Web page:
The Army’s influence in Fayetteville is so pervasive — as in many towns near big military bases in America — that it’s often hard to tell where the military ends and the civilian world begins.


A helicopter crash or deadly roadside bomb in Iraq or Afghanistan can bring Fayetteville to a dead stop. The news races across town in phone calls, text messages and tweets: Was it one of ours?


People mark their calendars with deployment departures and arrivals. There is a baby boom nine months after every big battalion or brigade arrives home. In the schools, graduation ceremonies are live-streamed to parents deployed overseas.


Yet only a 65-mile drive north of Ft. Bragg, in the college town of Carrboro near Durham, the military is a universe away. Many there have no connection save for the brief moment of gratitude and embarrassment they feel when they see a man in uniform at the airport, missing a leg.


“We glorify the military in this country in a way that’s really weird,” said Eric Harmeling, 21, a Carrboro-area resident who often argues with his father, a politically conservative minister, about the wars in Iraq and Afghanistan. “It’s like the Roman legions…. It’s like we’re being told to kneel down and worship our heroes.”


Jerstin Crosby, a former graduate student at the University of North Carolina who now works as a computer artist, said the only direct encounter with the military he can remember was when he taught a Middle Eastern art course to airmen at Seymour Johnson Air Force Base in Goldsboro, N.C.



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He respected the airmen’s knowledge of Iraq — some seemed to know it better than he did, for all his education — but was also sometimes baffled by them. Why, he wondered, did everyone on base stop their cars at 5 p.m. and stand at attention? Only later did he learn it was a daily show of respect as the nation’s flag was lowered.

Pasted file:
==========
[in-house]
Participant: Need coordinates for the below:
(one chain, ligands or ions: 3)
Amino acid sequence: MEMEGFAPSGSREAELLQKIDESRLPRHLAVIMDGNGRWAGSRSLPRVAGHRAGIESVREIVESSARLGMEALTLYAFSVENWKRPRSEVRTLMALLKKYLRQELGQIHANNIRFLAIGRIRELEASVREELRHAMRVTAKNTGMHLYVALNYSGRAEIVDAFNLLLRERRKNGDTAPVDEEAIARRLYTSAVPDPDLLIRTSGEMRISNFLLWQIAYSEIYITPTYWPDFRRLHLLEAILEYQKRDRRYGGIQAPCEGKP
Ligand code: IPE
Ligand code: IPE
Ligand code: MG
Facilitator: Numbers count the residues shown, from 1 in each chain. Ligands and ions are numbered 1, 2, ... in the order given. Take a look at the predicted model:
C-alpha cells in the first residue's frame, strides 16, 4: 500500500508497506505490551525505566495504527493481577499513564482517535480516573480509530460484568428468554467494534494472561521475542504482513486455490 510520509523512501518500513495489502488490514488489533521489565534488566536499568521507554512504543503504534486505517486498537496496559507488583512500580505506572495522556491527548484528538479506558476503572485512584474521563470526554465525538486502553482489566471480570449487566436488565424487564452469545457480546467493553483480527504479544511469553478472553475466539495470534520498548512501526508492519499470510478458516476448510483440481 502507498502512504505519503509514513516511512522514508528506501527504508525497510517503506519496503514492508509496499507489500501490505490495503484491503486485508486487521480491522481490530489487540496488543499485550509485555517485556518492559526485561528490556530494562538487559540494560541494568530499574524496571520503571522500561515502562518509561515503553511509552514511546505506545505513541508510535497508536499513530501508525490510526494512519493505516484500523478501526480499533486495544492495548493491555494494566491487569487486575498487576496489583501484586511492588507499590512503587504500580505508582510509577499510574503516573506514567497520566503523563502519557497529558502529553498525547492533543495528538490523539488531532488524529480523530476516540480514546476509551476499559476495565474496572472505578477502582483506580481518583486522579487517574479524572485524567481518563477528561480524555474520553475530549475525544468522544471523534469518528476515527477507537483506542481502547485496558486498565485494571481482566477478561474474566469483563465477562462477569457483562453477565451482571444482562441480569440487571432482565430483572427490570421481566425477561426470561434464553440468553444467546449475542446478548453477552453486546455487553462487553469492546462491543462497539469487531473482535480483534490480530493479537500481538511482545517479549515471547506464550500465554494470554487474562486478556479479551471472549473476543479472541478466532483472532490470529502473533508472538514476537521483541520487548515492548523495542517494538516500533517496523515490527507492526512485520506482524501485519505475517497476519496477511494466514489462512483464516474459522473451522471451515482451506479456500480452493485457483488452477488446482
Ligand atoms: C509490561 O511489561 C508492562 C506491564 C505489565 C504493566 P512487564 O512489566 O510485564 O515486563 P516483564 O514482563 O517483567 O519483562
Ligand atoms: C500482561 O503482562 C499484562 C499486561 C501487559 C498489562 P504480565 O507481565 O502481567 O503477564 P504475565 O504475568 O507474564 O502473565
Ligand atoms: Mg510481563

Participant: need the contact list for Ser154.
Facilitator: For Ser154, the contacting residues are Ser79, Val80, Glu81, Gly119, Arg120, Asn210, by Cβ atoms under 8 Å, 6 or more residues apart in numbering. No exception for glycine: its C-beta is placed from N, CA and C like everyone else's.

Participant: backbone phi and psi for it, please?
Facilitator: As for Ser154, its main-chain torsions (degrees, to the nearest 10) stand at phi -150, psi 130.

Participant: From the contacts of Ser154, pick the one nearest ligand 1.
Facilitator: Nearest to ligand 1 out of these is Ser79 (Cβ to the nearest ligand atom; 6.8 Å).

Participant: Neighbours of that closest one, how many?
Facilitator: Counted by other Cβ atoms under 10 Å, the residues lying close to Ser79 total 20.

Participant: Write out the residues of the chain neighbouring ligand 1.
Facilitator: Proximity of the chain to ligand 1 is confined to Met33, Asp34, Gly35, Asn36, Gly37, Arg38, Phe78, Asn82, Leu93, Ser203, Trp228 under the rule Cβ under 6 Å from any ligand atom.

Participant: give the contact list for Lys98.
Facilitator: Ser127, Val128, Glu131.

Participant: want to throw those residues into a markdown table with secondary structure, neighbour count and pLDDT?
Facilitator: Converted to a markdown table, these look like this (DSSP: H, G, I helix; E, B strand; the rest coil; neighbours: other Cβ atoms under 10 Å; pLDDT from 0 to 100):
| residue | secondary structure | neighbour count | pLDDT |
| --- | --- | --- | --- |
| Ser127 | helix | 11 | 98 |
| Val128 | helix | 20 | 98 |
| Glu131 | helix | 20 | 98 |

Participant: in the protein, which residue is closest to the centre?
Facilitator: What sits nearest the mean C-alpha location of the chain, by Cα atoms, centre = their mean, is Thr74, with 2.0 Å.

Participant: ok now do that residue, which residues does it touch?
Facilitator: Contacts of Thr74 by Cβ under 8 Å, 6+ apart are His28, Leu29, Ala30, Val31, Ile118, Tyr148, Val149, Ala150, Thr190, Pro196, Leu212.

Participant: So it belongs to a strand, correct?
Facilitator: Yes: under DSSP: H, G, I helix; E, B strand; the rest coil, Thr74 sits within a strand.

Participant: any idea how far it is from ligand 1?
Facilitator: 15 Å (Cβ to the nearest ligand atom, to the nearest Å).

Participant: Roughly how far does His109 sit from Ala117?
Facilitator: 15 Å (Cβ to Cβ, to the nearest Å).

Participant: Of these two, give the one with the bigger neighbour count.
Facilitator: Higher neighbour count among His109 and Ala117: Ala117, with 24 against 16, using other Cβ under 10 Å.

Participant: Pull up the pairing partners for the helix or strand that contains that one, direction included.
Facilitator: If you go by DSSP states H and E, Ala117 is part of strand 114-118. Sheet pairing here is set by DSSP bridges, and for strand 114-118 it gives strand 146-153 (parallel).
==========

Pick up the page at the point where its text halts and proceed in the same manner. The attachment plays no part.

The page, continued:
“I thought it was some kind of prank they were playing on me,” he said.


George Baroff, enjoying an outdoor lunch at an organic food co-op in Carrboro one recent afternoon, said he understood the military quite well: He served three years as a draftee during World War II before eventually becoming a psychology professor in nearby Chapel Hill.


Baroff, 90, finds himself startled when people learn of his war record and say, as Americans often do to soldiers these days, “Thank you for your service.”


“You never, ever heard that in World War II. And the reason is, everybody served,” he said.

In Baroff’s view, today’s all-volunteer military has been robbed of the sense of shared sacrifice and national purpose that his generation enjoyed six decades ago. Today’s soldiers carry a heavier burden, he said, because the public has been disconnected from the universal responsibility and personal commitment required to fight and win wars.


“For us, the war was over in a few years. The enemy surrendered and were no longer a threat,” he said. “For soldiers today, the war is never over; the enemy is never defeated.” The result, he added, is “a state of perpetual anxiety that the rest of the country doesn’t experience.”

Increasingly, America’s warrior class is defined by geography.


Southern states consistently provide the biggest proportion of recruits. California had the highest number of enlistments in 2013 — a total of 18,987 — but the state supplies a relatively low percentage of its 18- to 24-year-olds, the age group that fills the military rolls every year.